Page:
A llama carved from a spondylus shell and a cylindrical laminated gold foil object were the contents of a carved stone box -- an offering -- found at the bottom of Lake Titicaca, according to researchers from Penn State and the Université libre de Bruxelles, Belgium. The offering, found near an island in the lake, was not located where others had found offerings in the past.
"We knew they (Inca) did some form of ritual offerings and that they did them in the lake," said Jose Capriles, assistant professor of anthropology, Penn State. "The 16th and 17th century chronicles indicate there were submerged offerings."
Lake Titicaca is located in the Andes between Bolivia and Peru. It is the largest lake in South America and was important to many cultures, including the Tiwanaku and the Inca.
Amateur divers in 1977 found other offerings, or artifacts that could be part of offering bundles near the Island of the Sun, but these were not intact offerings. Professional divers between 1988 and 1992 investigated the area of the Khoa reef and found pre-Inca and Inca artifacts including stone boxes with miniature figures. Recent excavations show that the Khoa reef was an important ceremonial site for the Inca and prior societies; however, this new group of artifacts was not found on the Khoa reef, but on the K'akaya reef.
Capriles and Christophe Delaere, junior research fellow, Université libre de Bruxelles, report their findings today (Aug. 4) in Antiquity.
"Since 2012, the Université libre de Bruxelles has implemented a research program with the goal of locating and inventorying the underwater heritage of Lake Titicaca," said Delaere. "Our team has systematically surveyed around the islands and reefs in the Bolivian side of Lake Titicaca."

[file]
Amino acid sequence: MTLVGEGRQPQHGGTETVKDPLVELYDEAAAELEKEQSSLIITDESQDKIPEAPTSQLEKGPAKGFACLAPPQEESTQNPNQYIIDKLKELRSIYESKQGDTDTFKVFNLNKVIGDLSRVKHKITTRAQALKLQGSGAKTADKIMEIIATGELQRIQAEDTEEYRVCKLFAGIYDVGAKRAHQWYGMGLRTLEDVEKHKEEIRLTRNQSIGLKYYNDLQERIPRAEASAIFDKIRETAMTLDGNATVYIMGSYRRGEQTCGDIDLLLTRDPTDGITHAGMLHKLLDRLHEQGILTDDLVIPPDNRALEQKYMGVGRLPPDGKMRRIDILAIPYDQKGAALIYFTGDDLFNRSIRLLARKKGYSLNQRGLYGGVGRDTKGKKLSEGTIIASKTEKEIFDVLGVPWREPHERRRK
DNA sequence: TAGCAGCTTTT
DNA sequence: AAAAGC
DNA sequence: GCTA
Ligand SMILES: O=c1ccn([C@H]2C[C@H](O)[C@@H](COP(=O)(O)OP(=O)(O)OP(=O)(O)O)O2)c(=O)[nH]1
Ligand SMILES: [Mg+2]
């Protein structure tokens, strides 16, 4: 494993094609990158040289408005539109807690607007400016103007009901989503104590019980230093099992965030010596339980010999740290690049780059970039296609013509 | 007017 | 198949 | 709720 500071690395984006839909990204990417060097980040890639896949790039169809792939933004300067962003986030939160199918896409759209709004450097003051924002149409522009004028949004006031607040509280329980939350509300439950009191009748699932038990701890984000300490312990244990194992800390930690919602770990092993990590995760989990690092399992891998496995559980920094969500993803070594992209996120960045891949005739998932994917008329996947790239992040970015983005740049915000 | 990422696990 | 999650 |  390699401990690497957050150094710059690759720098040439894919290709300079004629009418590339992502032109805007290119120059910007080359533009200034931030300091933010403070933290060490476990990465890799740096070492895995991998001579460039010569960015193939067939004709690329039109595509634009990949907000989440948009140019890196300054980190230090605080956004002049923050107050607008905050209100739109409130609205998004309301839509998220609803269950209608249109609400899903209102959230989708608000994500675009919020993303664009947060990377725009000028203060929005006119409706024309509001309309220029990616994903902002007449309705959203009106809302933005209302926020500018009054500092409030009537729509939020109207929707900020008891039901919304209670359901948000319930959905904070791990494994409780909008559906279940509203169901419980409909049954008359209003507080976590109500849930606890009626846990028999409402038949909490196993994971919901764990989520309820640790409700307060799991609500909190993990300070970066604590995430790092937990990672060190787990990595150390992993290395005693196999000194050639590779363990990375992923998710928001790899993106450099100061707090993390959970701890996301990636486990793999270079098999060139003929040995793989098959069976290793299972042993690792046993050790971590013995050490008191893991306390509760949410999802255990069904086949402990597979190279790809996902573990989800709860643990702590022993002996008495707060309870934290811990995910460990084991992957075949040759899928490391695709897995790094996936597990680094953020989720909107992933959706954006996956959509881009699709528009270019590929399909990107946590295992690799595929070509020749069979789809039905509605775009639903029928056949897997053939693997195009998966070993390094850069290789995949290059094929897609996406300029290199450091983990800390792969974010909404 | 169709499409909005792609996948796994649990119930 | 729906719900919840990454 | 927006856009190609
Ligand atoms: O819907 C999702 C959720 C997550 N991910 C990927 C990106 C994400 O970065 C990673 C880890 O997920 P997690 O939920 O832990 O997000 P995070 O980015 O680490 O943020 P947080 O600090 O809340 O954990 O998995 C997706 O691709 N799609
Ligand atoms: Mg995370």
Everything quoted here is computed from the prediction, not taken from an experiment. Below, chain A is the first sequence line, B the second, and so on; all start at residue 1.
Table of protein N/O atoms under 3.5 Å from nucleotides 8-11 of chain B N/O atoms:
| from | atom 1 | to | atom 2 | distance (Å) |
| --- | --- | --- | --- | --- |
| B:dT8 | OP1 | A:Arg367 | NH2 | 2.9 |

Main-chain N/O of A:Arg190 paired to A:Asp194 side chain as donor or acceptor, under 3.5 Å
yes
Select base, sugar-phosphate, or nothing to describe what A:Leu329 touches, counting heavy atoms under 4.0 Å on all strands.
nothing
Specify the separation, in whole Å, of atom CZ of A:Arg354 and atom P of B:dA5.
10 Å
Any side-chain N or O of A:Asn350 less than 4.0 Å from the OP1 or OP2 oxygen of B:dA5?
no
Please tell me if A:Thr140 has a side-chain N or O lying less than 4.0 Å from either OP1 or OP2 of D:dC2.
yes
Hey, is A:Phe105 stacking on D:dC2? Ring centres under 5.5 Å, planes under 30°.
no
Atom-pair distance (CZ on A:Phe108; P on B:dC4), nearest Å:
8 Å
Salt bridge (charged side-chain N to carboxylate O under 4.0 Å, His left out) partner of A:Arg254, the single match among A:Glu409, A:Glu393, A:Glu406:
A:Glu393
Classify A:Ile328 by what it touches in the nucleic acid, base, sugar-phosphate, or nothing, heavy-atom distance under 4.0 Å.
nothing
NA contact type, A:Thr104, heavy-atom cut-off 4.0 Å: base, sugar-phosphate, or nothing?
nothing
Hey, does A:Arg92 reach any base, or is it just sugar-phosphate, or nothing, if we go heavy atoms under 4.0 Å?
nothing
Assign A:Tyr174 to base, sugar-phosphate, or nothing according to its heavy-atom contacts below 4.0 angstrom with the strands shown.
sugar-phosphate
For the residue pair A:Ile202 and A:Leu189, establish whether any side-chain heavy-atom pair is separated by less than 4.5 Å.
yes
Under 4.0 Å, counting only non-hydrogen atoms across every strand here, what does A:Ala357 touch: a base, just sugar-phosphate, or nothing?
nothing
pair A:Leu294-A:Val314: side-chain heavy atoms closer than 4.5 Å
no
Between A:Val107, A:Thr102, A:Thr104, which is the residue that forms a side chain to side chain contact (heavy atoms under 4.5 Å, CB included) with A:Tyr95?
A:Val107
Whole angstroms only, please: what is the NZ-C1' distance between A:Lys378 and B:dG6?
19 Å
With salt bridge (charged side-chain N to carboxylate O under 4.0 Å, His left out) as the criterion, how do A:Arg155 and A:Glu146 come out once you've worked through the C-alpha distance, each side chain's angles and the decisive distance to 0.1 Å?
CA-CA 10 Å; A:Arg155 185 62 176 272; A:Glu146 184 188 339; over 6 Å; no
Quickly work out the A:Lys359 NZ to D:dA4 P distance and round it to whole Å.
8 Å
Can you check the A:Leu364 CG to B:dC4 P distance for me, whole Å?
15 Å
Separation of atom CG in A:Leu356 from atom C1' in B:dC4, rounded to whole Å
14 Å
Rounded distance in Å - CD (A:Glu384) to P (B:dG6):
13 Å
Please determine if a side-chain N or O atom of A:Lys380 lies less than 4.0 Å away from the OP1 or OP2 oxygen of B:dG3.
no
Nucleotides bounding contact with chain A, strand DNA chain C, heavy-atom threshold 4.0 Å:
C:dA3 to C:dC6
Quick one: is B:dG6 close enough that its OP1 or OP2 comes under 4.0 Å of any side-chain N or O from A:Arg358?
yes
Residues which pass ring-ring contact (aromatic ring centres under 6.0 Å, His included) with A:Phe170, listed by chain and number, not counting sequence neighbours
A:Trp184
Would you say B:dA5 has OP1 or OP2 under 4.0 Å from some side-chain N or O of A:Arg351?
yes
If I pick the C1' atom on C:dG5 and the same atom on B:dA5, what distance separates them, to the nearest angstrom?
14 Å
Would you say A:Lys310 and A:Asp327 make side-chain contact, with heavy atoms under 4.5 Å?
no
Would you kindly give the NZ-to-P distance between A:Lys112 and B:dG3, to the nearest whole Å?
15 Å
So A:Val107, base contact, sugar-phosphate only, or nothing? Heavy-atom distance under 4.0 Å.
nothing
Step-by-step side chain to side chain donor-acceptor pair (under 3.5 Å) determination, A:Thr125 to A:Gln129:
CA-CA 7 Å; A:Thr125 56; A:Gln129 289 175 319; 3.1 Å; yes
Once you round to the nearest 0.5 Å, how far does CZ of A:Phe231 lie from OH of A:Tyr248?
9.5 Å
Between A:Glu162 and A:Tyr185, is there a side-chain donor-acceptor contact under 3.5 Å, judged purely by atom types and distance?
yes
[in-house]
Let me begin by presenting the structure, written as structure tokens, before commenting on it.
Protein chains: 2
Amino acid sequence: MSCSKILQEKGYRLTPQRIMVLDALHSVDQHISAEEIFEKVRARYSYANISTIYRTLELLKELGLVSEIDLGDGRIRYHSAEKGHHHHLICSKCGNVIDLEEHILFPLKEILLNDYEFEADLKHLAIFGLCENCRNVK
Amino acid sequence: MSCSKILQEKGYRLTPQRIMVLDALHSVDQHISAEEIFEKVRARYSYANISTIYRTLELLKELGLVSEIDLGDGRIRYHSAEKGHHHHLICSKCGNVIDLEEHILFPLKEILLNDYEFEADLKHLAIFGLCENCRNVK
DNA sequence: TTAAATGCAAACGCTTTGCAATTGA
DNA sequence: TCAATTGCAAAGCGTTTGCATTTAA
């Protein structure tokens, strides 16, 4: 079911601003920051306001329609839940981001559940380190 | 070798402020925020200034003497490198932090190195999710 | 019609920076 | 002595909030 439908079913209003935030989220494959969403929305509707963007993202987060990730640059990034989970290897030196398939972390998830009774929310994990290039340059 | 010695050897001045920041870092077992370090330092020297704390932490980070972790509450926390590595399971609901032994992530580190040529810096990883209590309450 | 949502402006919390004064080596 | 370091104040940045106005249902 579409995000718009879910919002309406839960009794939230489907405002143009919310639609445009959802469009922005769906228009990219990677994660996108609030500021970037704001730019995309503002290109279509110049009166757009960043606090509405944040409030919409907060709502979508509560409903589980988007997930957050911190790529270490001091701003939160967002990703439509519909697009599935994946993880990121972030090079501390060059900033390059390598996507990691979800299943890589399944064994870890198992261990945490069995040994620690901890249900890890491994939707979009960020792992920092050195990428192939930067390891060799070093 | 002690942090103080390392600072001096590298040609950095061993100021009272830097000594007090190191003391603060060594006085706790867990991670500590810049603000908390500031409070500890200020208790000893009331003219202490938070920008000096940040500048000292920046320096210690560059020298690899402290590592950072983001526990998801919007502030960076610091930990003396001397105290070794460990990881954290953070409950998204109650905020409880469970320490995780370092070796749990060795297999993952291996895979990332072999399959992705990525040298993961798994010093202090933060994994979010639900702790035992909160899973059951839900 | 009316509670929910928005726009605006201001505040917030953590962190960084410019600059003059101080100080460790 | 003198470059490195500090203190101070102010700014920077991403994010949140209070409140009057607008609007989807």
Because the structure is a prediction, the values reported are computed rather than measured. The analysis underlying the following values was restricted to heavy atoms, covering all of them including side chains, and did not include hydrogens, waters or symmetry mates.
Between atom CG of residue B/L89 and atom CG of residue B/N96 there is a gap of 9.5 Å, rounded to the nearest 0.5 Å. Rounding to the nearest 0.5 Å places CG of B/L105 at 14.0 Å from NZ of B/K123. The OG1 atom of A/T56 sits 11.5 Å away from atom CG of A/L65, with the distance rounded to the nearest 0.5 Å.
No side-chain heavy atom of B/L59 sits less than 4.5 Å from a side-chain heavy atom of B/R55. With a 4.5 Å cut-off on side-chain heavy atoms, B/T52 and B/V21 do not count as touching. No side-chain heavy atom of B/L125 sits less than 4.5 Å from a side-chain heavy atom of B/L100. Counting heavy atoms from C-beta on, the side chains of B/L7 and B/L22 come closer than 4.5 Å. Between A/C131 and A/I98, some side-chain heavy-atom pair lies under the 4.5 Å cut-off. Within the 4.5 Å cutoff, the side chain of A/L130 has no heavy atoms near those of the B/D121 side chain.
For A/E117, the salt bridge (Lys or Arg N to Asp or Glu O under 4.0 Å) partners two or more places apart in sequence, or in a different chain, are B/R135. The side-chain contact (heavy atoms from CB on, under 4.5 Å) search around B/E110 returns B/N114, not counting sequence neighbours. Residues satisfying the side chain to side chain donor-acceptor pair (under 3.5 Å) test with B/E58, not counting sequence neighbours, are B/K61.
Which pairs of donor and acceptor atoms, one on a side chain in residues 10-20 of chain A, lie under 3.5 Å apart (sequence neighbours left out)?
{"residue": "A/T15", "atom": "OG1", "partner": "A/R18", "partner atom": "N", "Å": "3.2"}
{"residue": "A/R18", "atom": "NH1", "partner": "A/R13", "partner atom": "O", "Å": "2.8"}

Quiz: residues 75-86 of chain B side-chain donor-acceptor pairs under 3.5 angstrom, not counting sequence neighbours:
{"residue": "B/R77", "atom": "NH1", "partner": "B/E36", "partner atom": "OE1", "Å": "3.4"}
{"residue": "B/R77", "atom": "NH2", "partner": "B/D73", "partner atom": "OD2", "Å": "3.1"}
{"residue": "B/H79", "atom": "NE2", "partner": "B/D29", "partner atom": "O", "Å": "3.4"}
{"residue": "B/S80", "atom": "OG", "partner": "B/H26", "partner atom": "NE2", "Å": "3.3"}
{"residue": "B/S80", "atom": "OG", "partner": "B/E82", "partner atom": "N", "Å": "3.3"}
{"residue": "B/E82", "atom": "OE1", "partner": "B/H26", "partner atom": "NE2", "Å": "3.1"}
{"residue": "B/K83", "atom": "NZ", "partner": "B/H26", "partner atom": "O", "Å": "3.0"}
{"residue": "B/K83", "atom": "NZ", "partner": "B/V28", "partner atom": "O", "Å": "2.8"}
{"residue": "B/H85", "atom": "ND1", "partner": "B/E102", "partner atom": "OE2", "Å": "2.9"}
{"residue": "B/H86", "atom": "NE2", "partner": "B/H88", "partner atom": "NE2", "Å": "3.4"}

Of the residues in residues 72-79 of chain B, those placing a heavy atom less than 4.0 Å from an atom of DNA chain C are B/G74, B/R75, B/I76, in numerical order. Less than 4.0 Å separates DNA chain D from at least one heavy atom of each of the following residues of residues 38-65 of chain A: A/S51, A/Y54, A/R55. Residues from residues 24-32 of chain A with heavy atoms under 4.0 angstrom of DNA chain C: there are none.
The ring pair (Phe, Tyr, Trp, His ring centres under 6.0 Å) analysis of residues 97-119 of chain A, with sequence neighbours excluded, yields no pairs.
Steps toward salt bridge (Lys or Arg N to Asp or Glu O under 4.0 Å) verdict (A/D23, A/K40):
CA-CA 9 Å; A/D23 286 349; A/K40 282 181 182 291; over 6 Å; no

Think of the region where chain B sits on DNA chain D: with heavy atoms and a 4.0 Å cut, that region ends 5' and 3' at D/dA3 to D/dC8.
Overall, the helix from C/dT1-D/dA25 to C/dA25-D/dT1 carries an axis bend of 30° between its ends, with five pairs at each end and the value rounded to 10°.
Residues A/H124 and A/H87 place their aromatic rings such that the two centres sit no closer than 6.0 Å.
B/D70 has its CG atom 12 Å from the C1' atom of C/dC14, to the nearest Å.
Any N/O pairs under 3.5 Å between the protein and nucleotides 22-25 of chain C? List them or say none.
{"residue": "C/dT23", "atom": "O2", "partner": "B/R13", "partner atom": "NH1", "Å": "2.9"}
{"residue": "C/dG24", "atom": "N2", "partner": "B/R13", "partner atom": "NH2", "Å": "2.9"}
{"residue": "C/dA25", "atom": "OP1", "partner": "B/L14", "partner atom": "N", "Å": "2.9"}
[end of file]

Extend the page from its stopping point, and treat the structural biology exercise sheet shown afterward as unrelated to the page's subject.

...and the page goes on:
The K'akaya Archipelago is west of Challapata Bay in the eastern shore of Lake Titicaca and is a series of a main island and three small ones. K'akaya reef is the last islet of the small chain and is covered in bird droppings.
The divers retrieved the box intact although currents had eroded one side. The box was tightly sealed, but not watertight. Resting in the box, beneath the silt that had filtered in, was the spondylus shell llama and the rolled gold foil.
One indication that these boxes contain artifacts valuable enough for offerings, beside the gold foil, is the spondylus shell llama. The closest location where the Inca could obtain this spiny oyster shell was in warm coastal ocean waters off the coast of Ecuador.
Finding this box in a new location suggests to the researchers that Lake Titicaca was a locus of ritual and ceremonial activity by the Inca. Similar offerings are found in other parts of what was the Inca Empire, some on land and some on water, but the researchers think that the lake was important in the consolidation of the empire.
According to Capriles, as the Inca radiated out from Cuzco in Peru, Lake Titicaca became a focal point. Prior archaeological evidence indicates that many of the islands, reefs and archipelagos contain ruins of temples and other monumental architecture.
"Most of what we know outside of archaeology is from the Spanish," said Capriles. "Indications were that Lake Titicaca was a pilgrimage center for the Inca, but also served as a focal point for alliances with other groups."
Spanish myths about the Inca dumping their gold into Lake Titicaca are apparently untrue, but the lake holds much more information still to be uncovered, said the researchers.
The artifacts reside with the Bolivian municipality of Escoma, which has jurisdiction over the area in which they were found.
"One of the goals of our underwater archaeological survey was to identify the existence of similar sites and to our surprise we found at least one," said Delaere. "It presents not only one of the rare intact discoveries of an Inca underwater offering, but also that it was found at another place in the lake, which has an important implication for understanding the relationship between the expanding Inca empire, the local communities who lived in the lake, and Lake Titicaca itself prior to European contact.
"The inland underwater world remains largely unexplored and offers outstanding opportunities to understand prehistoric societies," said Delaere. "The underwater heritage of Lake Titicaca still has many surprises to reveal."
Université libre de Bruxelles and Wiener-Anspach Foundation supported this work.